US Citizenship Through Parents & Grandparents
Former INS Citizenship Attorney (1976–80) Carl Shusterman discusses the laws which determine which persons born abroad are U.S. citizens. Schedule a legal consultation (by Skype, telephone or in person) at http://shusterman.com/schedule-immigration-consultation.html
US immigration laws allow certain persons born abroad to “acquire” or “derive” US citizenship through their parents and sometimes through their grandparents.
What if you were born abroad to U.S. citizen parents? You probably are a U.S. citizen, but you need to get some paperwork to prove this. Or what if you were born abroad and only one of your parents was a U.S. citizen at the time? That’s a little trickier. How do you determine if you “acquired” U.S. citizenship at birth through a parent, or if you obtained derivative citizenship as a minor through your parent(s)? Attorney Shusterman simplifies the complex laws regarding acquisition and derivation of US citizenship through parents and grandparents so that they are understandable to non-lawyers.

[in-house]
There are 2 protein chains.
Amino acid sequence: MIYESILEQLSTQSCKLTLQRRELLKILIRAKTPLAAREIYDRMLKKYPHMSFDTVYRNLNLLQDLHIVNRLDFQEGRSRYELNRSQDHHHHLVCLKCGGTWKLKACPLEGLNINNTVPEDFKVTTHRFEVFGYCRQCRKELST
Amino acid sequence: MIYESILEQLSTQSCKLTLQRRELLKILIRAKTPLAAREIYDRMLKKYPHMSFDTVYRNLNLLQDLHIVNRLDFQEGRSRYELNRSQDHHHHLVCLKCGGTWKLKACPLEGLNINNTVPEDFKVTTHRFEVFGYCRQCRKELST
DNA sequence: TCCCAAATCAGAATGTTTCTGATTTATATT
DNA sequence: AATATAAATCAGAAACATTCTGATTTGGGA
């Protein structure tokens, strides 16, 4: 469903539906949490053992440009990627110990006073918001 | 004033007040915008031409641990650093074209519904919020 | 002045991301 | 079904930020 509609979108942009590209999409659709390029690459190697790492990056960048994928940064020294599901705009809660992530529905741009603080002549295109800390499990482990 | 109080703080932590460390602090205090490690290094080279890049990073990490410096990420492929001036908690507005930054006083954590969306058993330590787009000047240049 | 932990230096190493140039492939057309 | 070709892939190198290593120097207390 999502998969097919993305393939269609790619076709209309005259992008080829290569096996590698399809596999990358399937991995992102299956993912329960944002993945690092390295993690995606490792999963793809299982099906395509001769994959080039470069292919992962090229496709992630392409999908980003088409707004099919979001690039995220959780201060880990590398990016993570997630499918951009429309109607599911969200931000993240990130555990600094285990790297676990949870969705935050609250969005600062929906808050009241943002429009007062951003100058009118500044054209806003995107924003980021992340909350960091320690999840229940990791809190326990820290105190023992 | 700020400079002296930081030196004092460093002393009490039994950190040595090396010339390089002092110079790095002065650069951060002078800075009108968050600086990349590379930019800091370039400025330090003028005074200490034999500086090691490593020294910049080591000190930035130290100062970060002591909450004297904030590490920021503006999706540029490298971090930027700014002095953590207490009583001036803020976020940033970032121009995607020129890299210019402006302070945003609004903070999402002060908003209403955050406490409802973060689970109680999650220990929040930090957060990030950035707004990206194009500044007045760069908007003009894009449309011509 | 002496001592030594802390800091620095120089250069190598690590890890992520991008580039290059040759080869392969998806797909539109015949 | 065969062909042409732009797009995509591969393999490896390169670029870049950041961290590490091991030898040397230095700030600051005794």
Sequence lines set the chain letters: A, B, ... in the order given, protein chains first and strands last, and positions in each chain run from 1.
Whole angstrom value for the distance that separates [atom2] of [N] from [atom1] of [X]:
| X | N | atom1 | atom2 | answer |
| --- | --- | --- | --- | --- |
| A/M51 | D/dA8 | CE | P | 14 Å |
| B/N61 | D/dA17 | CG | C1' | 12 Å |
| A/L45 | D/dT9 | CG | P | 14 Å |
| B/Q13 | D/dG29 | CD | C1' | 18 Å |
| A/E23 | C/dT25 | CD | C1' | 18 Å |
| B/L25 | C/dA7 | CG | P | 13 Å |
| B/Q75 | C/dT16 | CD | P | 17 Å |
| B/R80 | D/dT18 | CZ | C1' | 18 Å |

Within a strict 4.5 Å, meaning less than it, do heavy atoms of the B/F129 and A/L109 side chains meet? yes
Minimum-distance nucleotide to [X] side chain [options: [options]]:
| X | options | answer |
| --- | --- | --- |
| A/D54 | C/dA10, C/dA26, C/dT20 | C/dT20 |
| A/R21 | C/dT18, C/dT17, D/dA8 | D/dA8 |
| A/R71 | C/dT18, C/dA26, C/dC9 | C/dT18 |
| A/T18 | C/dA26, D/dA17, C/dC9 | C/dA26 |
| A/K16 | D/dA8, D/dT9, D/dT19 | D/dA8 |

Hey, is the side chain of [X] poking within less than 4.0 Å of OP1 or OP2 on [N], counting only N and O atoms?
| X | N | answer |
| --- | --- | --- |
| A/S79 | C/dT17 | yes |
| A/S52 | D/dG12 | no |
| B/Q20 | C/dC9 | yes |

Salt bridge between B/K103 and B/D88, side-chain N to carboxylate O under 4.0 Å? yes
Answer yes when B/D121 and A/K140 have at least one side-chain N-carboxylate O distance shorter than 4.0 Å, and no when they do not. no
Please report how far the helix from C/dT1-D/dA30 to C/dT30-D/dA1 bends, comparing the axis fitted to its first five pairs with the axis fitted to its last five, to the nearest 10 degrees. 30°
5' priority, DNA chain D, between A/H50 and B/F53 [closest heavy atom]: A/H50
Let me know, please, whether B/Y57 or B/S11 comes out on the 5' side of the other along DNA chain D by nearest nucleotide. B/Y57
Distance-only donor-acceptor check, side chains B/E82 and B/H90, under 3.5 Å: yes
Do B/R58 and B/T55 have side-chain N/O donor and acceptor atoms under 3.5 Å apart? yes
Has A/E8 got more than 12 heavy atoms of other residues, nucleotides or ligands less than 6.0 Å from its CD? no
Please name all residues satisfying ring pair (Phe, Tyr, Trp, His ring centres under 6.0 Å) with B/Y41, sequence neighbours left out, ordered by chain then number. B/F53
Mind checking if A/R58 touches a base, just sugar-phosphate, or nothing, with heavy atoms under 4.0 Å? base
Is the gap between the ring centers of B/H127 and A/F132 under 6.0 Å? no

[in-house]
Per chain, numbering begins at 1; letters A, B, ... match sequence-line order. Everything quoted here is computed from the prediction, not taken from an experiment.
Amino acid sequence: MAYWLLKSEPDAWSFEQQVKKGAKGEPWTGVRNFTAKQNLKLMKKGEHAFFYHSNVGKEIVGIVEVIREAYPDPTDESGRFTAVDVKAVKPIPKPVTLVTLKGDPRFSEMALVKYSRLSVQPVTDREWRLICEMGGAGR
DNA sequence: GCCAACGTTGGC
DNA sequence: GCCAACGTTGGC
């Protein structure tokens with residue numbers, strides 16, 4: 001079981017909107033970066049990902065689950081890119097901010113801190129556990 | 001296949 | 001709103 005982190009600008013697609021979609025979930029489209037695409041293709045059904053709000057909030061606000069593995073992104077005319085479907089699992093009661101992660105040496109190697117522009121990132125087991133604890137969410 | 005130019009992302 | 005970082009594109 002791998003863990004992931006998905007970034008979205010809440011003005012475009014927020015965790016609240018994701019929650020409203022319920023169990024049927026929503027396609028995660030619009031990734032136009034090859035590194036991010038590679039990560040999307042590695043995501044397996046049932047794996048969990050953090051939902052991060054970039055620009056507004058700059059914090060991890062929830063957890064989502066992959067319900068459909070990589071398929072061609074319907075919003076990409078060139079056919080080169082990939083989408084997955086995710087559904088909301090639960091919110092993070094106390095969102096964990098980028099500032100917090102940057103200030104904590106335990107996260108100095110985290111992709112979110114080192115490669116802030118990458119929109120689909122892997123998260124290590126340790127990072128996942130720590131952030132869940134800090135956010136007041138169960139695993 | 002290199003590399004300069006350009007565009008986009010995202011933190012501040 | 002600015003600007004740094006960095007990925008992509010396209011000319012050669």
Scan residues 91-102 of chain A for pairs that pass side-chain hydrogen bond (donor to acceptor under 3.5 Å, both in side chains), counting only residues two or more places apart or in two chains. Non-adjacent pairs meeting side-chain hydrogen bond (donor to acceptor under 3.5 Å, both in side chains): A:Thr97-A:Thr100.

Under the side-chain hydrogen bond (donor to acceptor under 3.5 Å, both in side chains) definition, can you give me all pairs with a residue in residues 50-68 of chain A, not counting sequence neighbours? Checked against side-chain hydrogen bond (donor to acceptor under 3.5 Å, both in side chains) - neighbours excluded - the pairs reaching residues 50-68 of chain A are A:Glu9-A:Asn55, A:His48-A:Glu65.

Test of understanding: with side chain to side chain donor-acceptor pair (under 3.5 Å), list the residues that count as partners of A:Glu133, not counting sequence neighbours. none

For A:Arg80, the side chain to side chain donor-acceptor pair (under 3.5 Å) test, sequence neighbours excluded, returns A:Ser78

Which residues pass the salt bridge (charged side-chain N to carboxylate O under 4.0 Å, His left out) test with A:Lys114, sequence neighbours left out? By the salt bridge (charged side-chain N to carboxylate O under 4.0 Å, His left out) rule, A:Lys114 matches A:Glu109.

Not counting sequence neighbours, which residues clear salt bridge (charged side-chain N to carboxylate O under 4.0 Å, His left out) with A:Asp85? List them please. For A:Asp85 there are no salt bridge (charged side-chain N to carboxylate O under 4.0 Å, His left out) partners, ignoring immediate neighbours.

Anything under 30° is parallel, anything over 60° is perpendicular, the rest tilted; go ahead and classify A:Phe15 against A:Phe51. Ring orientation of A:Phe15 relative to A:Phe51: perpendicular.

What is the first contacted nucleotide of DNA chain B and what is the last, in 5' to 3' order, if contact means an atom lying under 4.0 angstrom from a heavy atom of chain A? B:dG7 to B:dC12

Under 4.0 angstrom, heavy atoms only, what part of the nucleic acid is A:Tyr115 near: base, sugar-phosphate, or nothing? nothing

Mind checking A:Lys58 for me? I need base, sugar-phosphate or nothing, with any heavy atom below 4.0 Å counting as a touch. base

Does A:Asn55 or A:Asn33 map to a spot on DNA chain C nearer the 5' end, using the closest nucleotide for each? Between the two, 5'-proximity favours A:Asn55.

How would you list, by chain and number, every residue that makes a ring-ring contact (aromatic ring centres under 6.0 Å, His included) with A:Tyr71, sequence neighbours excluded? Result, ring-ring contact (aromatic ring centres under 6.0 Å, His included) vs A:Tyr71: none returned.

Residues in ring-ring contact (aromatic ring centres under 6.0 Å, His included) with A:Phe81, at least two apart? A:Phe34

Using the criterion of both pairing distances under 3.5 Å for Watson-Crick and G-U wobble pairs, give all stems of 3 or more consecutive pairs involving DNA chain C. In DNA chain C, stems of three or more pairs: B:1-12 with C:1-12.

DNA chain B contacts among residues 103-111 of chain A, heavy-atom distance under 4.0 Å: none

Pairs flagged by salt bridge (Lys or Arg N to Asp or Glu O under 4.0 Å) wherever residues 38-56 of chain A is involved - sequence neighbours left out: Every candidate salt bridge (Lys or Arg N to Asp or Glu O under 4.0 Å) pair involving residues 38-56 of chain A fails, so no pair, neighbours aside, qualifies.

There are 4 Nationality Charts that attorneys use to assist them in such cases. These charts are difficult to find on the USCIS website so we replicate them on our website so that you can use them to begin your research.
Derivative citizenship laws are one of the most complex areas of immigration law, and Congress has amended these laws multiple times. Fortunately, Attorney Shusterman spent several years as an INS Citizenship Attorney in the 1970s adjudicating N-600 derivative citizenship applications. This experience proven invaluable. Since he entered private practice in 1982, he has helped hundreds of clients obtain U.S. citizenship through their parents and grandparents.
Some of these clients were in deportation proceedings, and would have been deported if Attorney Shusterman not been able to prove that they were U.S. citizens even though they were born abroad.
There are multiple strategies for proving that you are a U.S. citizen even though you were not born in the U.S. You may want to apply for a U.S. passport, or alternately, you can apply for a Certificate of Citizenship from the USCIS using form N-600.
For additional information regarding derviative citizenship, please see Our US Citizenship through Parents page at http://shusterman.com/americancitizenshipthroughparents.html.